Anderson, April 5

On April 5th, Koerner Hall and the 21C Music Festival welcomed back Laurie Anderson, a return visit that skillfully wove together pieces spanning the many decades of her career, while offering a glimpse into future possibilities that AI technology offers. The evening began with From the Air, a track from her 1982 album Big Science, with Anderson's evocative voice delivering instructions as an airplane pilot guiding passengers through a crash landing. This piece set a tone: we were in for a ride with wild bumps along the way. Early on, Anderson shared an anecdote about Yoko Ono's response to Donald Trump's election in 2016, a tweet of a long, extended scream. She invited everyone to join her in a ten-second collective scream for whatever issues weighed on our minds: wars, genocides, climate collapse. Another reminder of life’s fragilities and contradictions came with her performance of one of my favourites: O Superman, also from the Big Science album. The piece contrasts being held in a mother’s arms with other types of arms—military and petrochemical arms, performed while multi-shaped hand silhouettes flashed on the screen. 

David Rokeby headshot webAnderson shared her experience at a residency in early 2020 with the University of Adelaide's Australian Institute for Machine Learning where she delved into the artistic possibilities of language-based AI models. Collaborating with the "biggest brain you could imagine," she created a 9000-page document that retold biblical stories in her unique style. She then welcomed local artist David Rokeby onto the stage to showcase Voice Scroll, an AI system being developed at the BMO Lab for Creative Research in the Arts, Performance, Emerging Technologies, and AI at the University of Toronto. The system transforms spoken voice into continually moving visual images to create dream-like scenarios. The demonstration included a sequence of Renaissance portraits of Anderson emerging and transforming across the screen, and concluded with a collaboration with Rokeby narrating a story, Anderson playing the violin, and the screen generating real-time illustrations. Ironically, Anderson's earlier words about technology’s limitations—if you think technology can solve your problems then you don’t understand technology or your problems—were brought to life with a few system crashes during the demo. We will probably see more of this collaboration in the future with a forthcoming residency in the works.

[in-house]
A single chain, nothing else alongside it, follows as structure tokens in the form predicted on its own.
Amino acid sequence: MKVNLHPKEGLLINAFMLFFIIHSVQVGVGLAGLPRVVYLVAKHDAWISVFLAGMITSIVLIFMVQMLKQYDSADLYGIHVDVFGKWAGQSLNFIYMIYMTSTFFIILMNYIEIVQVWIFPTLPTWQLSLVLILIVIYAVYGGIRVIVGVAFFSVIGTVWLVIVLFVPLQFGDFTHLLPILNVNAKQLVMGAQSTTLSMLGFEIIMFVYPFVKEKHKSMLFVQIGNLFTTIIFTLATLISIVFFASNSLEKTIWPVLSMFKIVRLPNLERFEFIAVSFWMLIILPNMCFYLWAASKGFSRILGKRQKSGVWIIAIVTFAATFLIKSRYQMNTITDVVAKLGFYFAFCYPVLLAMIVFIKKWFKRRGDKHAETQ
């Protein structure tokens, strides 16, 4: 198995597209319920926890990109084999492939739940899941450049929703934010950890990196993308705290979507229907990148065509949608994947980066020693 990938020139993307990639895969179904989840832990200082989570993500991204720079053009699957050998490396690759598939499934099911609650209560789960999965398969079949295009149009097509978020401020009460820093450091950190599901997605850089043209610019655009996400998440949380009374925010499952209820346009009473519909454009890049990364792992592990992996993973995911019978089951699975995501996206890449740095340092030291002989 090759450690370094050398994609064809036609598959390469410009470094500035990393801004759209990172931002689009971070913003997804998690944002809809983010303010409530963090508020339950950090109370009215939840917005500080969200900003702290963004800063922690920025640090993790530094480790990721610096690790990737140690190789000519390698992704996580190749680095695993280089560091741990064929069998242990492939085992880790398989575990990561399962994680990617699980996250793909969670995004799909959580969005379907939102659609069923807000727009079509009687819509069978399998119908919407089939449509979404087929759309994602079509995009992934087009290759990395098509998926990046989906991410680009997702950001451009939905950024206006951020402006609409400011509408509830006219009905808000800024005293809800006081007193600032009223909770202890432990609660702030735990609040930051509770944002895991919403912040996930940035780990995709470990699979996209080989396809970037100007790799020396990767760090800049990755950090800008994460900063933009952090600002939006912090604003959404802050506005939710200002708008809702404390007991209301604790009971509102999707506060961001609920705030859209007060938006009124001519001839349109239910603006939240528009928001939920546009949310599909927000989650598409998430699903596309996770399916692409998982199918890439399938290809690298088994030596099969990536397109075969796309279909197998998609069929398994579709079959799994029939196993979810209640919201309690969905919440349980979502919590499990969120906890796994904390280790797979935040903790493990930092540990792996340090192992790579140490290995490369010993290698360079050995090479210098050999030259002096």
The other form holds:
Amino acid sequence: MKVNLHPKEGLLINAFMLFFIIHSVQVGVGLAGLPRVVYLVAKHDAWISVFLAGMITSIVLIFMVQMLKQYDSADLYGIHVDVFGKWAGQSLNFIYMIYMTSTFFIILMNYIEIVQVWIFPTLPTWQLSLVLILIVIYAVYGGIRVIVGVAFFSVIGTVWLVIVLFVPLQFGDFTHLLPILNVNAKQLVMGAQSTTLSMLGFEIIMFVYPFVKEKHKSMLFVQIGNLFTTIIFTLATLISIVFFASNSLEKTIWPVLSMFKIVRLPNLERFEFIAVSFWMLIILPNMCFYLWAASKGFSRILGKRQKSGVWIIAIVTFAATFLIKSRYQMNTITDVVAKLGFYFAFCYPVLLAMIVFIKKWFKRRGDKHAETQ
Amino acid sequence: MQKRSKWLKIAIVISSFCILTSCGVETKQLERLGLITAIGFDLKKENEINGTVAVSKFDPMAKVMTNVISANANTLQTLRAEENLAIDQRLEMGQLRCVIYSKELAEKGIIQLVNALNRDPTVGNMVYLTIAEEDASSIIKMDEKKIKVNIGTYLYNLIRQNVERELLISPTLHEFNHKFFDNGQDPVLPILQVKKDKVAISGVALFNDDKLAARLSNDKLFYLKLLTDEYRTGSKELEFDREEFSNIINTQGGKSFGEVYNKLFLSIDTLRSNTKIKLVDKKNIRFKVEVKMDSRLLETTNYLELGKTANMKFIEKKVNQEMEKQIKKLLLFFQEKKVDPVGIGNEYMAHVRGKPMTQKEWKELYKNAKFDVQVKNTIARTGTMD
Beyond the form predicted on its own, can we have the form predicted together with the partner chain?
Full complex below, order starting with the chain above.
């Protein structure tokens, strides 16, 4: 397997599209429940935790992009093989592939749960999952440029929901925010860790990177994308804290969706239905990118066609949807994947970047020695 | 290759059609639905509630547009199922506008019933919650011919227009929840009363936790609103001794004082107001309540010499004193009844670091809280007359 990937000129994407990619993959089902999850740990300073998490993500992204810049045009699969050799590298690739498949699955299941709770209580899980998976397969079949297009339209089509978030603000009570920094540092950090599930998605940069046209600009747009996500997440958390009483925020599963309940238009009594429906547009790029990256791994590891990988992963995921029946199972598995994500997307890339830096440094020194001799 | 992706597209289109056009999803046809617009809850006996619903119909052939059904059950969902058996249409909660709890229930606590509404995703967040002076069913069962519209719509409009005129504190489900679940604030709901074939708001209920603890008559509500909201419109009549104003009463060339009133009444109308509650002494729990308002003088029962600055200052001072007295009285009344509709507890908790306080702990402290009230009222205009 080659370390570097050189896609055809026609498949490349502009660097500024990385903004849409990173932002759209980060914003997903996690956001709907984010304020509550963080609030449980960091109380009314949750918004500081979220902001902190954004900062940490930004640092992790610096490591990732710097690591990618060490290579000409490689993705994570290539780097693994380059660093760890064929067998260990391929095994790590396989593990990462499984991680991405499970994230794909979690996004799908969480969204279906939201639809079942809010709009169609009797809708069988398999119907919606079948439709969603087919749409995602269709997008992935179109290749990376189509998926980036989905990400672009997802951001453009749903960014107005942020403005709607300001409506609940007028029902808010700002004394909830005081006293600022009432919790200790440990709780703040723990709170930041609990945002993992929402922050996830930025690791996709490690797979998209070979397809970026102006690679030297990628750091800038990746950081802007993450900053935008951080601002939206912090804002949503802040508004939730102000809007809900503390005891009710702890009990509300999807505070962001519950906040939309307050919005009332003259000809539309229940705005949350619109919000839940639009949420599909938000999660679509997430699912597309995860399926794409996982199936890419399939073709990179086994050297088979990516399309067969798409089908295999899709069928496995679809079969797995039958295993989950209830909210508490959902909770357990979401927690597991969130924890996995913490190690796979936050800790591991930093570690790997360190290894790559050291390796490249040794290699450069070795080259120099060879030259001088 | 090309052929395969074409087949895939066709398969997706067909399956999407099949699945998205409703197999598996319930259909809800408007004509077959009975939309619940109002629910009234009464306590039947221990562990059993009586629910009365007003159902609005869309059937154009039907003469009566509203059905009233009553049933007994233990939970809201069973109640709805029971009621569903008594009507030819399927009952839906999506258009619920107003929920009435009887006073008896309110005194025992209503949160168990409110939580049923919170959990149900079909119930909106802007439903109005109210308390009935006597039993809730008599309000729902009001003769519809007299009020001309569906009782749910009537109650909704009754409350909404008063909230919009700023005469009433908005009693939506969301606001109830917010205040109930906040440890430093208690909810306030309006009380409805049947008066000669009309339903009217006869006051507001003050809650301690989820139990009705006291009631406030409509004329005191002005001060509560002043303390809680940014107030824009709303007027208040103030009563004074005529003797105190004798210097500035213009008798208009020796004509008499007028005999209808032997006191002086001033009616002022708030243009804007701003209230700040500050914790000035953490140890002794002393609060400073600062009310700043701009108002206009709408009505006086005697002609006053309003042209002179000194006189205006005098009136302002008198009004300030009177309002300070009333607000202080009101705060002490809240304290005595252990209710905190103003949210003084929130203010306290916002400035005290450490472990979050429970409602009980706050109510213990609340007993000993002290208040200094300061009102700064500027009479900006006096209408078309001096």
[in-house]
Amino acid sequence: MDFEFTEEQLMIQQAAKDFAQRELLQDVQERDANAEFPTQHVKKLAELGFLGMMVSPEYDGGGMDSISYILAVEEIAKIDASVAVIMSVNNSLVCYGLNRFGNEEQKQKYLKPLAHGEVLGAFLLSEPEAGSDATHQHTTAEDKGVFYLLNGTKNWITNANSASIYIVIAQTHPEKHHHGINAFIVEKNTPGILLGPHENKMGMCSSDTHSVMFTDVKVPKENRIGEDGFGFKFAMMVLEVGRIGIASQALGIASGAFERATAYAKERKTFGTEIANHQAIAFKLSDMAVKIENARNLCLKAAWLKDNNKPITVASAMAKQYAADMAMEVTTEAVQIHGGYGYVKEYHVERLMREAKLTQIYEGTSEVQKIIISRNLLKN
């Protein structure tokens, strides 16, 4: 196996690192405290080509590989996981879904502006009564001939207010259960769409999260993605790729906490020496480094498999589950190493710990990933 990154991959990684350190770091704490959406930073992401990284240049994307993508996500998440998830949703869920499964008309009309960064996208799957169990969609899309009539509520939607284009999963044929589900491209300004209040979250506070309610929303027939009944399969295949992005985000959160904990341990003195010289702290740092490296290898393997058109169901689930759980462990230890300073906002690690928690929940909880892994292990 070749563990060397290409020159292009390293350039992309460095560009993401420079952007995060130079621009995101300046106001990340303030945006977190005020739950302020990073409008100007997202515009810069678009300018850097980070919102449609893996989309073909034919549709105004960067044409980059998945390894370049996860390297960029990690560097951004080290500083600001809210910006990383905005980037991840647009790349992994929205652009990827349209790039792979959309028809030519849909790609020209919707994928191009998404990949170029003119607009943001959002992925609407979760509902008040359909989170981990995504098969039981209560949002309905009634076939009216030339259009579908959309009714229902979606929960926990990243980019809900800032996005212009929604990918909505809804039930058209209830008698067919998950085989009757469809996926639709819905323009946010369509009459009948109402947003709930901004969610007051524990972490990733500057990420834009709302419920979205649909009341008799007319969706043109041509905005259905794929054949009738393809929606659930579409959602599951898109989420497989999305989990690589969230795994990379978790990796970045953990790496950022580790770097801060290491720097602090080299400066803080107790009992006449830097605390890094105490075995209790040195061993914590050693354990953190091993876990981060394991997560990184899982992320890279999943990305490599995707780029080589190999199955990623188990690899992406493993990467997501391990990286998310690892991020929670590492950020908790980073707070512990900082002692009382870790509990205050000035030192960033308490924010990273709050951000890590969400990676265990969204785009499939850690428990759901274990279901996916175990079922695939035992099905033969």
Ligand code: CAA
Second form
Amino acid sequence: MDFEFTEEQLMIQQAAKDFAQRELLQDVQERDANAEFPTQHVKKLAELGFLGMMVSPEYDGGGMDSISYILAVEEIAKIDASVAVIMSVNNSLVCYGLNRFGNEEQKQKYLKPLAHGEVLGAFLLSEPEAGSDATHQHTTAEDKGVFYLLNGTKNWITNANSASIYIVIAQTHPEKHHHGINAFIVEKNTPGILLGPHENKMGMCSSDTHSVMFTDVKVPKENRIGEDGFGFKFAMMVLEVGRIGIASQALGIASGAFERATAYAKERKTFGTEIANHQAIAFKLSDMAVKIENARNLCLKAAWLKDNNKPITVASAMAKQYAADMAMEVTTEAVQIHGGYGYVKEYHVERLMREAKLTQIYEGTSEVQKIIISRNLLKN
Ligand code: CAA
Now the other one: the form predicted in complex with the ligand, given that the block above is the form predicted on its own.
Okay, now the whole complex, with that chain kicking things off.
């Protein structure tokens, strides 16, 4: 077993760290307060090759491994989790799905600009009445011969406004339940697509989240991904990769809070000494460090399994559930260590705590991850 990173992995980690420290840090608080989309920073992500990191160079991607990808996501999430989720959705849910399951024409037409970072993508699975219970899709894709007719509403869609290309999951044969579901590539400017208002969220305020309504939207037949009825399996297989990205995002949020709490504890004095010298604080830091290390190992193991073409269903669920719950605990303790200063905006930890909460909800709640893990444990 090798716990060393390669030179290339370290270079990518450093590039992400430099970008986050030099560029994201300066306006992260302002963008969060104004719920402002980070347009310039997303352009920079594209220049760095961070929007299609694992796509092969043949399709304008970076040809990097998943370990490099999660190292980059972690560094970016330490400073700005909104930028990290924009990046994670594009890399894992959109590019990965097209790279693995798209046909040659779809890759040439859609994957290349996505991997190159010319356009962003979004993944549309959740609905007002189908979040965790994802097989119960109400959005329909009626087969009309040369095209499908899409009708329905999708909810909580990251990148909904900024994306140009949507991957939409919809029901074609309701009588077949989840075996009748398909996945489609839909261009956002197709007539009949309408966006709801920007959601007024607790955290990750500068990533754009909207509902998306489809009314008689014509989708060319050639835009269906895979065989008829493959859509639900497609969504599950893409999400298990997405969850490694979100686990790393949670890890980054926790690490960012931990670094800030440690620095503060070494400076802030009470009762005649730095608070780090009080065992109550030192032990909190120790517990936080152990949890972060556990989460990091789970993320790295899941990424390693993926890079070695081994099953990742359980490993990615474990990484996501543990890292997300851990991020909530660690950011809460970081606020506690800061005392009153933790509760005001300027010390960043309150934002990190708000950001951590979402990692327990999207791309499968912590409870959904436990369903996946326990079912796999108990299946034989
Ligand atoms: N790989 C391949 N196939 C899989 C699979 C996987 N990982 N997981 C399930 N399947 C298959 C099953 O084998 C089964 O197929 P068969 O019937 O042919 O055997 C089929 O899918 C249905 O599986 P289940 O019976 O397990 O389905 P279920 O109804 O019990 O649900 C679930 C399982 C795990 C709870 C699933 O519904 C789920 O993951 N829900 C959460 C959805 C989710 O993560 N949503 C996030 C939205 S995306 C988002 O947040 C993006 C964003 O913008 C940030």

The evening also included references to recent virtual reality pieces The Chalkroom and To the Moon, collaborations between Anderson and Hsin-Chien Huang. Walking up to the screen with a microphone in hand, it seemed as if she disappeared into a world of floating words, drawings and objects. The concert concluded with Anderson inviting the audience to stand and participate in a group Tai Chi exercise by following her gestures. It was the safe landing she promised as the guiding pilot in the opening song. She reminded us that, as one of her teachers has said, it’s important to be able to feel sad without being sad.  “We’re actually here to have a really good time”.  Bringing us back to the body and grounding us into a connection with the earth through the movement was a perfect way to end the evening’s ride. 

Eve Egoyan, Longing and Belonging

Pianist and composer Eve Egoyan is another artist known both for her innovative approach to expression and her fruitful collaborations with David Rokeby. On May 9th, she will be performing a new program titled Longing and Belonging at the George Weston Recital Hall, featuring compositions by artists from Armenia and the Armenian diaspora. Eve’s personal connection to the Armenian genocide, with both her paternal grandparents being survivors, lends poignant depth to this endeavour. In a significant journey to Armenia in the spring of 2022, she discovered music by Armenian composers, opening up new artistic and emotional ground for herself. 

eveegoyan surfacetensionThe program will showcase seven piano works, including Egoyan’s own creation entitled Viva. Inspired by a collection of songs by Komitas Vardapet  (1869-1935) , whom she calls the godfather of Armenian music and the most important collector of Armenian folk songs, Egoyan integrates fragments from Vardapet's works into her composition, allowing the delicate beauty of the Armenian folk tunes to shine through without being obscured with traditional Western European harmony. Her composition also blends the acoustic piano with a virtual piano, the software instrument called PIANO NEXT she developed with Rokeby that extends the piano sound using techniques like pitch bend, vibrato, and filtering. The piece features recordings of her daughter Viva's voice, lending a personal touch to the composition.

The program also presents works by contemporary composers from Armenia, Lebanon, the USA, and Germany, each imbued with elements of Armenian folkloric sound. Egoyan describes the music as comprising three distinct threads: a solo, a drone, and a rhythmic drum element. The intricate textures and demands of the compositions challenge the pianist to perform all three elements simultaneously, a departure from traditional piano writing. The evening will commence with a short film by Su Rynard, providing an introduction to each composer's piece and featuring appearances by the living composers themselves, offering a comprehensive experience for the audience.

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